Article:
Chase Date: May 21, 2011
Miles Logged: 174
States Chased: OK
Tornadoes Witnessed: 4
Largest Hail Encountered: 1"
Highest Wind Encountered: 70MPH
Severe Risks: SPC Outlooks
I didn’t especially expect to chase on this day. It was a lazy day most of the day, and I slept most of the afternoon, waking up finally around 4:30 or 5pm and getting up. I noticed a storm was going south near Ardmore, and decided to grab a quick shower and jump into the truck.
By the time I got outside, storms had started going up over Norman and just slightly south. I had hardly any gas left in my tank, as I had just gotten my truck back from the body shop the previous afternoon. After fumbling with a bit of my equipment I was on the road and south on I-35 towards Purcell.
I got off at Purcell and stopped at the gas station to fill up and Rain-X my brand new windshield. The southern storm at this point became Tornado warned, and reports started popping up from tornadoes down south, and the storms to my east were looking very good and starting to show echos on radar.
I took SH-39 east towards Asher. Just before getting to Asher I got under the base of the storms I had been watching firing up, but they really didn’t look all that impressive. The storm to its south near Stratford was showing better VIL on radar, so I decided to drop south to that storm.
Just as I positioned north of Stratford, the storm became tornado warned. Within a few minutes, it started developing a wall cloud to my southwest, directly west of Stratford with a nice inflow band into it.
Eventually I positioned just east of Stratford, and south of Highway 19 and watched the storm wrap up pretty well. Inflow into the storm was becoming a lot more rapid, and the low level mesocyclone had developed a pretty intense rotation. I dropped south to E154 Rd which paralleled SH-19 1 mile south. RFD had begun wrapping around the storm, and I shot east to see a funnel coming down to my due west. A few seconds later a brief multivortex spin up happened just northwest of me in the field. Two vorticies danced with each other in the field for a brief (less than 15 seconds) moment.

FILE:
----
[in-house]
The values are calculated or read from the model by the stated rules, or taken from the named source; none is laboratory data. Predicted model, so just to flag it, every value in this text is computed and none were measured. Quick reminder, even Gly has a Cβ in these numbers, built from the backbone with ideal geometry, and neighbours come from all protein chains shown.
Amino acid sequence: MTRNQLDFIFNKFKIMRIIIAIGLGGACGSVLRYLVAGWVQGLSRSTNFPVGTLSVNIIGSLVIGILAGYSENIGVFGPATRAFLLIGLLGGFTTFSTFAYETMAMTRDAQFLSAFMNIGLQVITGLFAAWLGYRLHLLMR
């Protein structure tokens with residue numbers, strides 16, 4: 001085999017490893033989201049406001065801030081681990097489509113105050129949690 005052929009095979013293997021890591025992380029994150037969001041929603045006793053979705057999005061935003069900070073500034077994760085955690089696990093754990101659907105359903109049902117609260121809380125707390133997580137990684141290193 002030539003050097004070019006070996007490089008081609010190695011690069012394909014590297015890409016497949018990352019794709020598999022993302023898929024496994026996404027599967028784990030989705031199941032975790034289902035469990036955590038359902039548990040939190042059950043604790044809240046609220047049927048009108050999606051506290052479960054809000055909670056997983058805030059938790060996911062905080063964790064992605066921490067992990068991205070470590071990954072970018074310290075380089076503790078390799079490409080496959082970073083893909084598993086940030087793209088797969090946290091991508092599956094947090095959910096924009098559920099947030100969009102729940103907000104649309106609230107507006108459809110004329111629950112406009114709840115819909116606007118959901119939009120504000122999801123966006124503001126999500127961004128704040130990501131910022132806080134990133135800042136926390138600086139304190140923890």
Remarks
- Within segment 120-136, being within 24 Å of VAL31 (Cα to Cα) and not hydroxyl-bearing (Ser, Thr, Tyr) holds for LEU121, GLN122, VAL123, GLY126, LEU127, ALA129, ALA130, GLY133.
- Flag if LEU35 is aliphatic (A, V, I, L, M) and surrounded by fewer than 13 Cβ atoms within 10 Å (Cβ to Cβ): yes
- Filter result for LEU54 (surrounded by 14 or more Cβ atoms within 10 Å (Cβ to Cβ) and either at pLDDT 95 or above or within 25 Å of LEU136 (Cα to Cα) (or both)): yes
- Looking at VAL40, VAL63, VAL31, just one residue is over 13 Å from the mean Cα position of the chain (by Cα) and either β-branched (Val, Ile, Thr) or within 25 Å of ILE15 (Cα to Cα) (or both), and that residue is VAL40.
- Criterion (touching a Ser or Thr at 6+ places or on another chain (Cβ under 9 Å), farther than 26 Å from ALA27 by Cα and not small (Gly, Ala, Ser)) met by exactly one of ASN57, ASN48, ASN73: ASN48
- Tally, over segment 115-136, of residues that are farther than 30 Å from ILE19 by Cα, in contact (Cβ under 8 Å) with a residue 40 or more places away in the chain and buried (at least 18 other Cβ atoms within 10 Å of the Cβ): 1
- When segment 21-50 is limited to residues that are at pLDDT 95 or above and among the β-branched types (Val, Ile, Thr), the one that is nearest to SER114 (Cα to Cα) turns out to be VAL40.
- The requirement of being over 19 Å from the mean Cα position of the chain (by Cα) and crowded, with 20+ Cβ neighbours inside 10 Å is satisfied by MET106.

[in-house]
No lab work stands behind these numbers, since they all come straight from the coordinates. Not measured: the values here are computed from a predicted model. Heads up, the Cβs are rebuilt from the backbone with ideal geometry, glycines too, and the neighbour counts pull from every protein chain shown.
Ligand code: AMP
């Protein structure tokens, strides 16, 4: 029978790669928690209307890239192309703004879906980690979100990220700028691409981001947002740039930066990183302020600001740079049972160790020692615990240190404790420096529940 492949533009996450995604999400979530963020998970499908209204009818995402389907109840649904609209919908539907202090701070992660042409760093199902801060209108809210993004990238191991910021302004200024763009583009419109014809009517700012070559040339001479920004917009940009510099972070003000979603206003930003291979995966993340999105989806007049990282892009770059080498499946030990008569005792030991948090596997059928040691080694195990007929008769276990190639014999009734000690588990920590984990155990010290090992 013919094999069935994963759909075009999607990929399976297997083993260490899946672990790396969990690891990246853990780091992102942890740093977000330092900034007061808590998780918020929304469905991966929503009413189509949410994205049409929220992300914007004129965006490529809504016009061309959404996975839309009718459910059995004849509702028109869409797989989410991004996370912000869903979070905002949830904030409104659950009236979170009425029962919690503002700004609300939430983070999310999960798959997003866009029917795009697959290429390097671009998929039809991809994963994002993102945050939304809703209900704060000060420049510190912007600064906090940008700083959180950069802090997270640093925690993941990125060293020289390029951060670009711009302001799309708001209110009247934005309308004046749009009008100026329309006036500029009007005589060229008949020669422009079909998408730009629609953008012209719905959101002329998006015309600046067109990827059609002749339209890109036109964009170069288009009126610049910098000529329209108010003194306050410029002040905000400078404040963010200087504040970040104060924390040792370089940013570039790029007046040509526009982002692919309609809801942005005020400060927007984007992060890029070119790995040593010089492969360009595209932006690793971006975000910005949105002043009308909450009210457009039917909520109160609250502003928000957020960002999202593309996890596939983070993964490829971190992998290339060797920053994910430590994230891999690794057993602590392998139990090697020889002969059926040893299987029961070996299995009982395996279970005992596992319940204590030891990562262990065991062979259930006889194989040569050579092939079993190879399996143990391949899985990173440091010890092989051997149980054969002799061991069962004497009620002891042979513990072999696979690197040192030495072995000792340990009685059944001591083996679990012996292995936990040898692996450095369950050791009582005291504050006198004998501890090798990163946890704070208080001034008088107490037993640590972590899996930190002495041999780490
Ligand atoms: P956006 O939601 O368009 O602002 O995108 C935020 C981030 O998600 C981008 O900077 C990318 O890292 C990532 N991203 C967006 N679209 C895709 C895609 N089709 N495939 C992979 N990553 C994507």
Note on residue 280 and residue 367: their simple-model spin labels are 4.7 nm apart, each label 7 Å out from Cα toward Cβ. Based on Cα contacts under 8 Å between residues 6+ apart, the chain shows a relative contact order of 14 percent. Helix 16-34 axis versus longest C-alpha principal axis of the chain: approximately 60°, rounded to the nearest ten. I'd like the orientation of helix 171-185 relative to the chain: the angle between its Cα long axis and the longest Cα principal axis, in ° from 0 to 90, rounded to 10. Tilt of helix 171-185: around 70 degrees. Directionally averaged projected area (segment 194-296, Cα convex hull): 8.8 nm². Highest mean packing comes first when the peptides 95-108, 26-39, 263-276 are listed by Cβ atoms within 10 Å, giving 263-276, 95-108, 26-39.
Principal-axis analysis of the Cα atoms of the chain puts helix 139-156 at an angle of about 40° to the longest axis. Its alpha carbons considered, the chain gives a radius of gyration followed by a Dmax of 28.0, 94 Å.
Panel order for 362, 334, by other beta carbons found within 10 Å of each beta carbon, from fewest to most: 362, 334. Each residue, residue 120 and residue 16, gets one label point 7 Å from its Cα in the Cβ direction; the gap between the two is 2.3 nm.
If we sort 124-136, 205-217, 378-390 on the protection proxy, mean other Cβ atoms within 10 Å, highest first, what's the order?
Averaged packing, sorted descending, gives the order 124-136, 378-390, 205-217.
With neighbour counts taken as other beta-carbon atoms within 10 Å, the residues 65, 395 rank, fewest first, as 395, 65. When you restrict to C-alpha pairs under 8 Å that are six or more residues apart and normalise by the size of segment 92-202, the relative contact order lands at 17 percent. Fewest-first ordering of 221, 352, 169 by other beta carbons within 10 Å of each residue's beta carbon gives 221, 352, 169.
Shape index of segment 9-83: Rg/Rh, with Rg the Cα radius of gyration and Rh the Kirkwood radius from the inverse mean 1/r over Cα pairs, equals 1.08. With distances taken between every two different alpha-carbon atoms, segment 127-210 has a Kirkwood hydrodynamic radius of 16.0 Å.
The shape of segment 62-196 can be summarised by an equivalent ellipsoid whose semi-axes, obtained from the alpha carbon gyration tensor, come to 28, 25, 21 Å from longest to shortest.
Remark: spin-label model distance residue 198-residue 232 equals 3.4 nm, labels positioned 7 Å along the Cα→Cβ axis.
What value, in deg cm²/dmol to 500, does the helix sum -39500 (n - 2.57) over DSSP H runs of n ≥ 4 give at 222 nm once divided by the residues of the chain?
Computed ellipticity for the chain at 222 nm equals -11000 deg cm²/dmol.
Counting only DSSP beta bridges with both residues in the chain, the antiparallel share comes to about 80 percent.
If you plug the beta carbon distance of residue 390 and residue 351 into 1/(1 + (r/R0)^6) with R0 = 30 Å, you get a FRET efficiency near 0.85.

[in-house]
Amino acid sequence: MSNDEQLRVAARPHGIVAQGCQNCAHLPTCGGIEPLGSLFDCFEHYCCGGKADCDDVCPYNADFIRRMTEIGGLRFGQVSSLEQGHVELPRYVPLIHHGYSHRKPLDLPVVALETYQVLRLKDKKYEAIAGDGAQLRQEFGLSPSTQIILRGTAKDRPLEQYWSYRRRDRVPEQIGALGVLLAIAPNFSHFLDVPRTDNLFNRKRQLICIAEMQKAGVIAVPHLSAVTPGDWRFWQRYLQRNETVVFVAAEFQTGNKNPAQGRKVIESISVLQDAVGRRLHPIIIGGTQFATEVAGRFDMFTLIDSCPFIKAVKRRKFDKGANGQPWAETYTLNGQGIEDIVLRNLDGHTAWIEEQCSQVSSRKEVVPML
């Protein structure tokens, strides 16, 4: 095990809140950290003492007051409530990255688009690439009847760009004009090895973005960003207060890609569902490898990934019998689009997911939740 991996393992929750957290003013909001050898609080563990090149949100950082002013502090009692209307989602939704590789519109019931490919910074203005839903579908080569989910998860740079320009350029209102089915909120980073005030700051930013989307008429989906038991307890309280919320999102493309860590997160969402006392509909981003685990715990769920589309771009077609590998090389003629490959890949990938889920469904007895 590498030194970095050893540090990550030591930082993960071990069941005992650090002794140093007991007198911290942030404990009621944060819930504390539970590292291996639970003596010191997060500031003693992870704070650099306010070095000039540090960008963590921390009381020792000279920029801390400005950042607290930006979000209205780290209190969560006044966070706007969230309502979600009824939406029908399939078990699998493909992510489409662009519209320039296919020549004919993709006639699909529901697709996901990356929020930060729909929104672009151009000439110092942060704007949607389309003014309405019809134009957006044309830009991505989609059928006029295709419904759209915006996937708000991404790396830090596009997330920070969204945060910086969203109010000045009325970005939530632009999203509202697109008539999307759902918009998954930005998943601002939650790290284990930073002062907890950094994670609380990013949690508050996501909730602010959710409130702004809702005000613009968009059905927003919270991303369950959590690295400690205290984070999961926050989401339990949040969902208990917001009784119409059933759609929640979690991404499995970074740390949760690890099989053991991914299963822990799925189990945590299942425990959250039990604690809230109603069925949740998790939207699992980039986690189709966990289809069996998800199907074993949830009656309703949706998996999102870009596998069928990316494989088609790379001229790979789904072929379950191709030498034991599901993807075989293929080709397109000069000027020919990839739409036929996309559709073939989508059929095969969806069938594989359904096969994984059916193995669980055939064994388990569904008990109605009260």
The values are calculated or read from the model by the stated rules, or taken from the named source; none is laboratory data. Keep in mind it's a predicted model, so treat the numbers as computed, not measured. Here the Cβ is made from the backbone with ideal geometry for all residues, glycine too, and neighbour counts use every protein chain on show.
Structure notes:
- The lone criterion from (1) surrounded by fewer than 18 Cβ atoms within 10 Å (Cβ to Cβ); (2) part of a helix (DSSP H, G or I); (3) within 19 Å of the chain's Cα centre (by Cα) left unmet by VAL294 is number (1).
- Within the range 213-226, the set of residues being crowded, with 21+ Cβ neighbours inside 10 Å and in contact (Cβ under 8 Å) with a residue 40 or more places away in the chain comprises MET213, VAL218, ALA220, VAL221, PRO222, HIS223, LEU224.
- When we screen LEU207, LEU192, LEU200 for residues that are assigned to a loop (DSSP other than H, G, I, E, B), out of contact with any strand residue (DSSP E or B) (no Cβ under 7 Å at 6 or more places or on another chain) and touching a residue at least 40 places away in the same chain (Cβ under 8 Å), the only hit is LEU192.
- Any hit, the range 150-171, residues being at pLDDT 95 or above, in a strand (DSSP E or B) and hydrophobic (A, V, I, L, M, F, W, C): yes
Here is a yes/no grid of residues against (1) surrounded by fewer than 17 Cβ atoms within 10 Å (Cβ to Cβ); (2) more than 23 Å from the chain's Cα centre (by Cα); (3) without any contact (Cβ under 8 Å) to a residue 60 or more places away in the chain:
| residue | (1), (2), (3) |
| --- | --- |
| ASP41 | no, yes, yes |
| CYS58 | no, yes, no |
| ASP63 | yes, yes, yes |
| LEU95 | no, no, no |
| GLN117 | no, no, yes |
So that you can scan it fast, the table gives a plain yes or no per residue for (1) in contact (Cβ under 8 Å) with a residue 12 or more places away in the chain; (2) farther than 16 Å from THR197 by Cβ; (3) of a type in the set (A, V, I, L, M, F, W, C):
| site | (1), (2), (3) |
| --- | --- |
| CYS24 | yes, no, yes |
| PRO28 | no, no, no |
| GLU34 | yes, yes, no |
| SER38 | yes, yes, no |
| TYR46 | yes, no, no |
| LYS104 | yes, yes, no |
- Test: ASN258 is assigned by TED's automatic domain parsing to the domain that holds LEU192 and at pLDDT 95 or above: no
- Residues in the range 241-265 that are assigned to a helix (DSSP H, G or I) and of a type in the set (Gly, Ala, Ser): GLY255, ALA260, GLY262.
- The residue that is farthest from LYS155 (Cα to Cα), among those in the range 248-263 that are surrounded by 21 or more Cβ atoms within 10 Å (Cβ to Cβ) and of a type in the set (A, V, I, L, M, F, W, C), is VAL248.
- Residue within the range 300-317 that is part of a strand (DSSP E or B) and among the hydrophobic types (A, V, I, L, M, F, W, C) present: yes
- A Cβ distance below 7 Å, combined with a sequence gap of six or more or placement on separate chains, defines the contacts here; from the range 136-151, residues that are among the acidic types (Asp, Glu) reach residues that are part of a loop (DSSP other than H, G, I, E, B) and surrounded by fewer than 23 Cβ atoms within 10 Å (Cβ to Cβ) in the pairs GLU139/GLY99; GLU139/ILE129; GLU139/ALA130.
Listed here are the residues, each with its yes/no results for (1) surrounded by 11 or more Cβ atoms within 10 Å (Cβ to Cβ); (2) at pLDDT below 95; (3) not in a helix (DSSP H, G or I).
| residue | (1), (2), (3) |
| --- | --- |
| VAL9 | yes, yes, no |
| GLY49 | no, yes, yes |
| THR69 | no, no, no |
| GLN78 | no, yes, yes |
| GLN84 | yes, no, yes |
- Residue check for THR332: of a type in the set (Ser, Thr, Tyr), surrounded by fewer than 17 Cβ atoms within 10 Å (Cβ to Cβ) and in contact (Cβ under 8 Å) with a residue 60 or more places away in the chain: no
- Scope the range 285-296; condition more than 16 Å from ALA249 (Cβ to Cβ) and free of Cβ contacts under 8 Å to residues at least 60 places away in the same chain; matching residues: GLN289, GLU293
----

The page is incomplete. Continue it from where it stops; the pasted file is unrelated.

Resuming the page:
I continued east and ended up being stuck in trees and hills mostly until finally finding a place to stop just east of County Road 345.
I looked back and immediately saw a Stovepipe tornado to my west and north. I dropped a quick spotternetwork icon then got my camera tripodded and ready. Another tornado touched down, this time turning into a dark cone with a debris field at the bottom. I called the NWS to let them know a new more violent tornado had touched down.
Somewhere in the excitement of the moment I had stopped my camera and forgot to hit record again. I’m not sure how it happened, but the video is not there.
I realized this after the cone had picked up. I hit record right away and captured one last brief tornado before it became too dark to see.
I followed the storm to Ada and then north and east to the town of Francis, OK before giving up for the night.
I headed back to Ada and met up with Nick Nolte at Applebees for steak dinner to celebrate our tornadoes.
All in all, a great chase. Disappointing in the fact that I didn’t hit record, but I still have memories of the tornado that ‘got away’ so to say.